Why are stocks rising?

The S&P 500, DJIA, and NASDAQ are all up about 40% from their lows on March 9th.  Why?  Has the economy (and earnings) rebounded that sharply?  Or were the March lows an aberration?  It’s been a while since I talked about the stock market or the larger economic picture, so it’s time to revisit those themes.

First, the economy.  From the data to date, it appears that the broad US economy is shrinking less rapidly than it was just a few months ago – but it’s still shrinking.  The GDP shrank at a 6.3% rate in the 4th quarter of 2008, and it shrank at a 6.1% rate in the 1st quarter of 2009.  These are the revised (as of May 29th) numbers straight from the BEA here.

Passenger: “The GDP is better than it was before Captain – can we start the party?”

Captain: “Ummm, let me think….  The ship is still sinking….  But it’s sinking at a slightly slower rate.  Re-arrange the deck chairs again, maybe that will help.  Party on dude!”

Ok, so the economy isn’t growing – what’s behind the 40% rise in stocks?  Could it be earnings?  Maybe companies have laid off enough workers, and streamlined operations enough so that their profits are 40% higher than last quarter?  Let’s look at the numbers….

With 99.43% of the Q1 2009 earnings reported, the total earnings of the S&P 500 adds up to $7.61.  That’s certainly a lot better than the negative $23.25 the S&P 500 earned during Q4 2008!  Keep in mind that Q4 was the first time ever for “negative earnings” for the S&P 500.   And another word for “negative earnings” is “losses”.  Or “deficit”.  As in “the US Government has $1.85 trillion in negative earnings for fiscal year 2009.”

Anyway, $7.61 in earnings must be a good thing if that has caused the stock market to surge about 40% in the past 3 months right?  According to Standard and Poors latest spreadsheet, no.   Except for last quarter’s losses, As Reported earnings haven’t been this low since Q4 of 2002.  And the Operating Earnings (currently $10.15) haven’t been this low since Q4 of 2001.

Ok, so actual earnings aren’t driving the market higher – what if the earnings are low, but beating the estimated earnings?  In other words, what if company earnings suck, but they suck less than investors expected them to suck?  Sorry Charlie, according to Howard Silverblatt, S&P Senior Index Analyst, “actuals are -24.3% off estimates, and -43.5% behind last year”.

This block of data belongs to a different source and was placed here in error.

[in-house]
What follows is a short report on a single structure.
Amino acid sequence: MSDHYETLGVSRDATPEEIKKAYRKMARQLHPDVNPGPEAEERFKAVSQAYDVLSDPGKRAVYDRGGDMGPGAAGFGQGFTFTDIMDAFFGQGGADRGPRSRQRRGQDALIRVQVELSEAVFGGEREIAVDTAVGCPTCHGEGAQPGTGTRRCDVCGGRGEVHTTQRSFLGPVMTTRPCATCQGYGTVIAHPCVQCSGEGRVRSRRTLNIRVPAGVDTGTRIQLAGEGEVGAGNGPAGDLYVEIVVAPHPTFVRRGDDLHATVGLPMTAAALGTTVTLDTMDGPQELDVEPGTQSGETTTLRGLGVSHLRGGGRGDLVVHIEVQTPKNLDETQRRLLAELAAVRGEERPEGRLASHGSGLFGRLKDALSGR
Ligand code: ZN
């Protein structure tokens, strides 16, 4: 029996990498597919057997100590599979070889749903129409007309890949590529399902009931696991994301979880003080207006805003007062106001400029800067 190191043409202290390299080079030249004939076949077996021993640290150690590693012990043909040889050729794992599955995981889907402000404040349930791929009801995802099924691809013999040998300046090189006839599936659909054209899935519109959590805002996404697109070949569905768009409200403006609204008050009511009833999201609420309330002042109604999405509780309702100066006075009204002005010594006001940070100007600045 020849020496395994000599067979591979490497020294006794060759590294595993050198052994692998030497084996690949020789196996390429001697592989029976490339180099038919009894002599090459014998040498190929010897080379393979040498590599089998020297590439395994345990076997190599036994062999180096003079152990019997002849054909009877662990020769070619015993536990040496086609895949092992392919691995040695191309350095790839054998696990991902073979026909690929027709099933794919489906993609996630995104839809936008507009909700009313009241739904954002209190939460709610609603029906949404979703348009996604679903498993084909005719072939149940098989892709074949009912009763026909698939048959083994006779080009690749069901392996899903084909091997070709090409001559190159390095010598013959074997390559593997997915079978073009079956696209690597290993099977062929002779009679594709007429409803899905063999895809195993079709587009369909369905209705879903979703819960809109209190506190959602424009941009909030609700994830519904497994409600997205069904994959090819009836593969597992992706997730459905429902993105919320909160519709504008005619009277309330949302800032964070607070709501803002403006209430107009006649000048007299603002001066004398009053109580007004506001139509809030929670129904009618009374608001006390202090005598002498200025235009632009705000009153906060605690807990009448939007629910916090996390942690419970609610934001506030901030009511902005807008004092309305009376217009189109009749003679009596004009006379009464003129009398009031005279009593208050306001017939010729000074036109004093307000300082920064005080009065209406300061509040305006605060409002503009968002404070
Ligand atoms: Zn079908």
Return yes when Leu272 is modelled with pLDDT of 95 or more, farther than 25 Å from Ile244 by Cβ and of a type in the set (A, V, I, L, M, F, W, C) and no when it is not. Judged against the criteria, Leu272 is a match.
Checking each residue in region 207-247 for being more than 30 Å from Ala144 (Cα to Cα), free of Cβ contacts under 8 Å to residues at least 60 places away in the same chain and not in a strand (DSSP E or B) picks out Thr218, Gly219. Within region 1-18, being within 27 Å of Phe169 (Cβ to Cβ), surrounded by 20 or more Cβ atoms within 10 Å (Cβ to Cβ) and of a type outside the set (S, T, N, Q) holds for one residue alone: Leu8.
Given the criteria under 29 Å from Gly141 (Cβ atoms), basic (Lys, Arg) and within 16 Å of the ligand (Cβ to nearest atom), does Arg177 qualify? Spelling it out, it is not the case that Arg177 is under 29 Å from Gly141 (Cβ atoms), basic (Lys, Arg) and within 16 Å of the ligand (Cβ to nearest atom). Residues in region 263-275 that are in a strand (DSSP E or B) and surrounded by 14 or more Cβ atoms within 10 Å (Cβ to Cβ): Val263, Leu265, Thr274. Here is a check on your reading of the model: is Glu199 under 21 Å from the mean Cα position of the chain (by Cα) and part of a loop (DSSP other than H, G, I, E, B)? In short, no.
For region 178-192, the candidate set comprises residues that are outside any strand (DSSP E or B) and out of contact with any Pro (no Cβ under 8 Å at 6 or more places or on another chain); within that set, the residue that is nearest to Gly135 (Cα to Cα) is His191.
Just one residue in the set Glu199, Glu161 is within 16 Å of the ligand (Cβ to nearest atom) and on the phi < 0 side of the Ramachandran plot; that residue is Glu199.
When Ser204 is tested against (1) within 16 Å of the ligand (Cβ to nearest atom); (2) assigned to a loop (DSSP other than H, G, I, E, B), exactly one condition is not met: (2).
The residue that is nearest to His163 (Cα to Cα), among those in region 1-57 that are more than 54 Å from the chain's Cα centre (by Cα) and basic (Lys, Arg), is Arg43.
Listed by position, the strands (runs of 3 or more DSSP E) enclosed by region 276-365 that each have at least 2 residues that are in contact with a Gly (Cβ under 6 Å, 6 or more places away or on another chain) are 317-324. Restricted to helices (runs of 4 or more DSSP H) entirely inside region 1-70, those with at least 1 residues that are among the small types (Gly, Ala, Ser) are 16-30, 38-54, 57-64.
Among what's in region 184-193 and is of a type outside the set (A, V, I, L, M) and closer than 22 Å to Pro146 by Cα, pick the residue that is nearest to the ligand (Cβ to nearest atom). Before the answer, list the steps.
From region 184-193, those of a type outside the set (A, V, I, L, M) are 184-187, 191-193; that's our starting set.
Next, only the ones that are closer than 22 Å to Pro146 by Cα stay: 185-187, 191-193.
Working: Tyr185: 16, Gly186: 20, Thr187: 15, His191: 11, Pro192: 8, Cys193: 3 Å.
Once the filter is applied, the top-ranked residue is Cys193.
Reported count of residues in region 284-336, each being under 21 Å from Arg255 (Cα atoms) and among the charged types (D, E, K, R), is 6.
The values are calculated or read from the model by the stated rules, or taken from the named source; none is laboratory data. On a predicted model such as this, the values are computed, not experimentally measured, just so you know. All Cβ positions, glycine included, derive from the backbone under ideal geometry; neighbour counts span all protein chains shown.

Of course, Howard goes on to say that the “Operating vs As Reported (top down vs bottom up) varriance enormus; out of the woods or the Island has moved.”  I’m not sure what it means when the Senior Index Analyst at Standard and Poors can’t spell “variance” or “enormous”, but it can’t be A Good Thing.

In the same note, Howard also says “189 issues beat est, but only 87 beat last years earnings; 290 missed with 72 beating last years EPS” which translates (seriously) to “189 out of the 500 companies in the S&P 500 beat their earnings estimates.”  189 out of 500 is about 38% – that means that 62% of the S&P 500 MISSED their earnings estimates.  And yet the stock market is 40% higher.

Ok, so maybe the forward PE ratio is finally coming down to reasonable levels?  It was at a record 60 to 1 at the end of Q4, it must be better now….  Or at least when we look at the estimates for the rest of the year….  Right?

Wrong.  The current PE ratio for the S&P 500 is 114.77, another record high.  And it gets even worse when you look ahead.  Here are the current estimated PE ratios for the S&P 500 for the rest of 2009.

  • Q1 – 132.22
  • Q2 – 3513.31 !
  • Q3 – Negative 301.52 (first negative annual PE in history)
  • Q4 – 33.46

To sum it up, I see no reason for the current level of stocks.  Zero.  The S&P 500 index (currently at 944.74) is too high relative to earnings – and in the long run, stock prices are based on earnings.  This minibull may continue for awhile, but prices WILL eventually adjust to the low earnings.  And from where I sit, that means stocks will drop back down to at least the March low sometime this year.

The only possible way I can see stocks continue to rise is inflation.  Specifically, inflation caused by the enormous amount of money the Fed is printing out of thin air and injecting into the money supply.  In that case, stocks can – and will – go higher.  But the actual price increase will be close to zero when adjusted for inflation.  And if you want to maintain your purchasing power, gold and silver (in your physical possession, not an ETF!) are, in my humble opinion, much better inflation hedges than stocks.

I could go on and on about how Geithner, Helicopter Ben Bernanke, a willing Congress anxious to be seen as “doing something”, and Obama are making the mess worse – just as Greenspan, Bernanke, Bush, and a willing Congress created the problem – but that’s another story for another day.



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